In January 1991, Milat abducted and murdered German Simon Schmidl, 20, who was hitchhiking alone on the Hume to meet up with her mother in Melbourne.
Milat stabbed her at least eight times and severing her spinal cord.
A year later, Milat abducted German couple Gabor Neugebauer, 21, and Anja Habschied, 20, shooting Gabor six times in the head and decapitating Habschied, whose head has never been found.
In April 1992, Britons Caroline Clarke, 21, and Joanne Walters, 22, were abducted, shot and stabbed and theirs were the first of the Belanglo victims found, by orienteers, five months later.
In October 1993, the remains of Deborah Everist and James Gibson were found, followed by the bodies of the three German backpackers.
All the victims had been placed face down with their hands behind their backs and covered with a pyramid of twigs and ferns; campsites with shell casings, cigarette butts and bottles lay near some of the bodies.
Detective Superintendent Clive Small declared the murders the work of a serial killer and set up Task Force Air to find the culprit.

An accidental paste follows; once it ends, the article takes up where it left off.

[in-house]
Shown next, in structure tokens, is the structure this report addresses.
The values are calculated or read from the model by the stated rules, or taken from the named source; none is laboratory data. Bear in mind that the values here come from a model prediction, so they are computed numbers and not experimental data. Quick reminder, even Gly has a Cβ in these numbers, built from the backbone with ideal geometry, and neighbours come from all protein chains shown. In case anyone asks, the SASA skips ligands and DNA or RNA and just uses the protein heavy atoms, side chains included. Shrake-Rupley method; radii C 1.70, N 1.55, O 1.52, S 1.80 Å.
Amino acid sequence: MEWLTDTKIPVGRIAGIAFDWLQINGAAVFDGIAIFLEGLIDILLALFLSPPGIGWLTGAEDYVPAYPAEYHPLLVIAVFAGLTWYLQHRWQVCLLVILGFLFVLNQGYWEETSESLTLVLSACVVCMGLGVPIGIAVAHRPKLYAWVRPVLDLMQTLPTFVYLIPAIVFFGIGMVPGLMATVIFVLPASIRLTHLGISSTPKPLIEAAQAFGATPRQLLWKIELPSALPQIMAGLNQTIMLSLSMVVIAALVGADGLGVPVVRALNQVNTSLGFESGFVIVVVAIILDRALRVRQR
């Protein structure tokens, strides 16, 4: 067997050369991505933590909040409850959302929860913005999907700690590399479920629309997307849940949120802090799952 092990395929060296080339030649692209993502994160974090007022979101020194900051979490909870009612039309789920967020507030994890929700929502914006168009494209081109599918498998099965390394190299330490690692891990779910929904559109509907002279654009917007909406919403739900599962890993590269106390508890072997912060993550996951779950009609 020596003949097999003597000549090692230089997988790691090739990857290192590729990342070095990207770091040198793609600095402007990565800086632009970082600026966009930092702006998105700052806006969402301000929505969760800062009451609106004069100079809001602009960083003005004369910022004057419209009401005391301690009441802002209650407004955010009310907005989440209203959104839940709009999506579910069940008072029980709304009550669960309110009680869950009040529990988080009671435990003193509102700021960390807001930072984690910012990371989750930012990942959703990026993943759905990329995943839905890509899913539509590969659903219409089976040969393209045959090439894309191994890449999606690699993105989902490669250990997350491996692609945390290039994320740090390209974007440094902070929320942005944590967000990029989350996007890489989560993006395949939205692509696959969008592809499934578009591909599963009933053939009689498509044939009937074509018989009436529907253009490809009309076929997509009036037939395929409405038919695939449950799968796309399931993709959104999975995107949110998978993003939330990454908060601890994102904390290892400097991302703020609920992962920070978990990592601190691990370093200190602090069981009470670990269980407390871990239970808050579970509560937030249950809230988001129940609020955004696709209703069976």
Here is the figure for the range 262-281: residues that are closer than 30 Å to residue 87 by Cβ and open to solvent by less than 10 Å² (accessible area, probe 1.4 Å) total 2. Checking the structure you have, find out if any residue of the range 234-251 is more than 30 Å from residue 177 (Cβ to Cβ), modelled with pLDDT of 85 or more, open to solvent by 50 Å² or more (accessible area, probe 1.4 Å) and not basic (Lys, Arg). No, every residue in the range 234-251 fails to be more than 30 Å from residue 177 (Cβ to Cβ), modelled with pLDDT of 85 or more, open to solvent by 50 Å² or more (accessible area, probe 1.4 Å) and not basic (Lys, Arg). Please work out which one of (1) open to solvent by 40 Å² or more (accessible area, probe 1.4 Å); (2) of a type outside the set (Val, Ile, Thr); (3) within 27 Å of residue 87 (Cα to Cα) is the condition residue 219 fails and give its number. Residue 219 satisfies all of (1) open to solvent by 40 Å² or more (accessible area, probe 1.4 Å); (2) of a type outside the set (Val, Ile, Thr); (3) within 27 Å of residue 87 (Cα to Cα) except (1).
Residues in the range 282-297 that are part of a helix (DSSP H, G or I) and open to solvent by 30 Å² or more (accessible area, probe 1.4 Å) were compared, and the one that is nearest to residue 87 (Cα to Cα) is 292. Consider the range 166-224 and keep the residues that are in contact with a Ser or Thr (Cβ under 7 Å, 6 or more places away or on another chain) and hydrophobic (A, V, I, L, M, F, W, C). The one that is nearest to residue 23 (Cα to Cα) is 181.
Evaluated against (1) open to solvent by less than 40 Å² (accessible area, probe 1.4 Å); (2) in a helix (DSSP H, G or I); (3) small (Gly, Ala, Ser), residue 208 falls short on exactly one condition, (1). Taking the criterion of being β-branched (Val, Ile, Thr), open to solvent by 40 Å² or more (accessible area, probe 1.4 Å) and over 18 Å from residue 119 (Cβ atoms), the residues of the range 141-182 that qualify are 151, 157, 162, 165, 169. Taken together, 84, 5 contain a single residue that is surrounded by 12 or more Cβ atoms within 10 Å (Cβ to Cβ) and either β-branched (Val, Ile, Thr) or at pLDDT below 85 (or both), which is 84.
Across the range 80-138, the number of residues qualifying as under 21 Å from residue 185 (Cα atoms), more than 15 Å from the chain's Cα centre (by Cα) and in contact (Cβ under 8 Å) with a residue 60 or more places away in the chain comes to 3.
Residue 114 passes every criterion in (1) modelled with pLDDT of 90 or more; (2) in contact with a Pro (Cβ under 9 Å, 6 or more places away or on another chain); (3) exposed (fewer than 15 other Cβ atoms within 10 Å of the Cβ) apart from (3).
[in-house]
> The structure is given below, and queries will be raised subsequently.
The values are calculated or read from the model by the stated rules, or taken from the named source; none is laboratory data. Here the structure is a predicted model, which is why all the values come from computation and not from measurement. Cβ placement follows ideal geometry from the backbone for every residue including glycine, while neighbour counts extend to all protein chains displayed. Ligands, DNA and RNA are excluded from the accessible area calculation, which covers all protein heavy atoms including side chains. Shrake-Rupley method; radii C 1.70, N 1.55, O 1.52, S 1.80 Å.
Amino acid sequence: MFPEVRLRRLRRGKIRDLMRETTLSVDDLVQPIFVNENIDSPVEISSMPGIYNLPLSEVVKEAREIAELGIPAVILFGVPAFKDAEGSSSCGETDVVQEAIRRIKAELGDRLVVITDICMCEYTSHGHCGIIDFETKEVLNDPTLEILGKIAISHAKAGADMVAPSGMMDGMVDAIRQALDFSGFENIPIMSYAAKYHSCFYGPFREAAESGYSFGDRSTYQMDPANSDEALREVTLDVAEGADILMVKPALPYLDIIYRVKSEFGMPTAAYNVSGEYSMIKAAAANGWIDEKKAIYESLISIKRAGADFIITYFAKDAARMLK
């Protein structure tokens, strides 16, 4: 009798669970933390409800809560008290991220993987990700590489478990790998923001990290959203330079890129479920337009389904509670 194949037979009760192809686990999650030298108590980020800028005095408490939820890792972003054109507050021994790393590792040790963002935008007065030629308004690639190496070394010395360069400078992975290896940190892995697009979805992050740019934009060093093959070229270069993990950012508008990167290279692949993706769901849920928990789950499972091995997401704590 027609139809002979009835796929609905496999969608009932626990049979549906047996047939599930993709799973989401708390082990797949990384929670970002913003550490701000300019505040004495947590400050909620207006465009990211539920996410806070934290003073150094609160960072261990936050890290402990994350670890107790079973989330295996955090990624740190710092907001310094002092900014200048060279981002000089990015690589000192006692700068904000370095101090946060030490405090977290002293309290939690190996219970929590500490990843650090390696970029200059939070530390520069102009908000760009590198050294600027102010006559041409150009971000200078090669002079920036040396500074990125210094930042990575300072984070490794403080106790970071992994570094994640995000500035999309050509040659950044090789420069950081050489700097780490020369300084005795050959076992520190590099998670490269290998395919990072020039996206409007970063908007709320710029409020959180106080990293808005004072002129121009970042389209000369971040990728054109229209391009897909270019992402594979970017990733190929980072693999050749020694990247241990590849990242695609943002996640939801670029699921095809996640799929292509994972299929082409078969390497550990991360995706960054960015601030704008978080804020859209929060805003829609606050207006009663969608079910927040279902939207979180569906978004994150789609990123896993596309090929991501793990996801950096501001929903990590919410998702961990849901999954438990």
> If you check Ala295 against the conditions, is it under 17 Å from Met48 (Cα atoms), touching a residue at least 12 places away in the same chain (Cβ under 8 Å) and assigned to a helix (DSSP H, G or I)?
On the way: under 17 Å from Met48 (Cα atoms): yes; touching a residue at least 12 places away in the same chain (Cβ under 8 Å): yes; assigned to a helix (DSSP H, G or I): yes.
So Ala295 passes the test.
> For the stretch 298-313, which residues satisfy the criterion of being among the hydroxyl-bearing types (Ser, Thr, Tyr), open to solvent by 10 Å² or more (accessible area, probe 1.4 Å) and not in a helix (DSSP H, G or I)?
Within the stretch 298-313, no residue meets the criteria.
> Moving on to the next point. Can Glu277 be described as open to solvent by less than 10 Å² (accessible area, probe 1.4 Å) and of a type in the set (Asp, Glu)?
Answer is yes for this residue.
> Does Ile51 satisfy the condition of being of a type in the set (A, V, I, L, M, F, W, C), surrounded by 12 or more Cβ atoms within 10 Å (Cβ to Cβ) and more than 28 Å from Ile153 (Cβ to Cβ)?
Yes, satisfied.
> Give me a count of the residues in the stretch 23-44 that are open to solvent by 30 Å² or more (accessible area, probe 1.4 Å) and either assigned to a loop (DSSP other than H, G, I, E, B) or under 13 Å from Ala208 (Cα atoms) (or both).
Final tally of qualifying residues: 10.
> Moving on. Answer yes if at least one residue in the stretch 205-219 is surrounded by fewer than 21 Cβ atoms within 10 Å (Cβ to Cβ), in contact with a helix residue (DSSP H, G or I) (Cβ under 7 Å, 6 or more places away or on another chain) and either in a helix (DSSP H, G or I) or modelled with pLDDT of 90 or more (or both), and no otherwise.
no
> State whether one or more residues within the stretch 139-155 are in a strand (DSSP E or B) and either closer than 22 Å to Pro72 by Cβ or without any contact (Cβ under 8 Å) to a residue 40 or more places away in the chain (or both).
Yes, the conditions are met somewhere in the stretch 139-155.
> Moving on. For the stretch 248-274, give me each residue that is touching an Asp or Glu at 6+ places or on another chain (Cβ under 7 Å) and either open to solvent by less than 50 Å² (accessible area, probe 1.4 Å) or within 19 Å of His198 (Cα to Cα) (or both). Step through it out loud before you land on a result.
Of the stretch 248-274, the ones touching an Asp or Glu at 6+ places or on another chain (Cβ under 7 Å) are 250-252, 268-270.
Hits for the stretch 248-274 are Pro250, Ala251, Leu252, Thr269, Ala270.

Supt Small established a suspect list and narrowed it down to 32 names, which included Milat.
In November 1993, Mr Onions called NSW Police from the UK to report his attempted abduction by a man called "Bill" with a distinctive moustache driving on the Hume Highway out of Sydney.
On May 5, 1994, Mr Onions flew to Australia and identified Milat from a photograph.
On the morning of May 22, 1994, 50 police officers surrounded Milat's Eagle Vale home in western Sydney and he was arrested without incident.
Items and a cache of weapons were found in the walls and roof of Milat's house and at the homes of his brothers, including camping equipment and clothing belonging to the Belanglo victims.
His trial for seven murders and attempted murder, false imprisonment and robbery began in March 1996 and ended 15 weeks later with Milat's conviction on all counts.
While locked up at Maitland prison in 1997, Milat made a failed attempt to escape with drug baron George Savvas.
Milat was immediately transferred to Goulburn maximum security prison.
In 2001, after the High Risk Management Correctional Centre (Supermax) opened, Milat was placed in one of its units.
He remained in Supermax, apart from a short sojourn in January 2009 to Goulburn Hospital after cutting off his finger, until his hospitalisation for cancer.
His death means some of NSW's unsolved murders remain a mystery.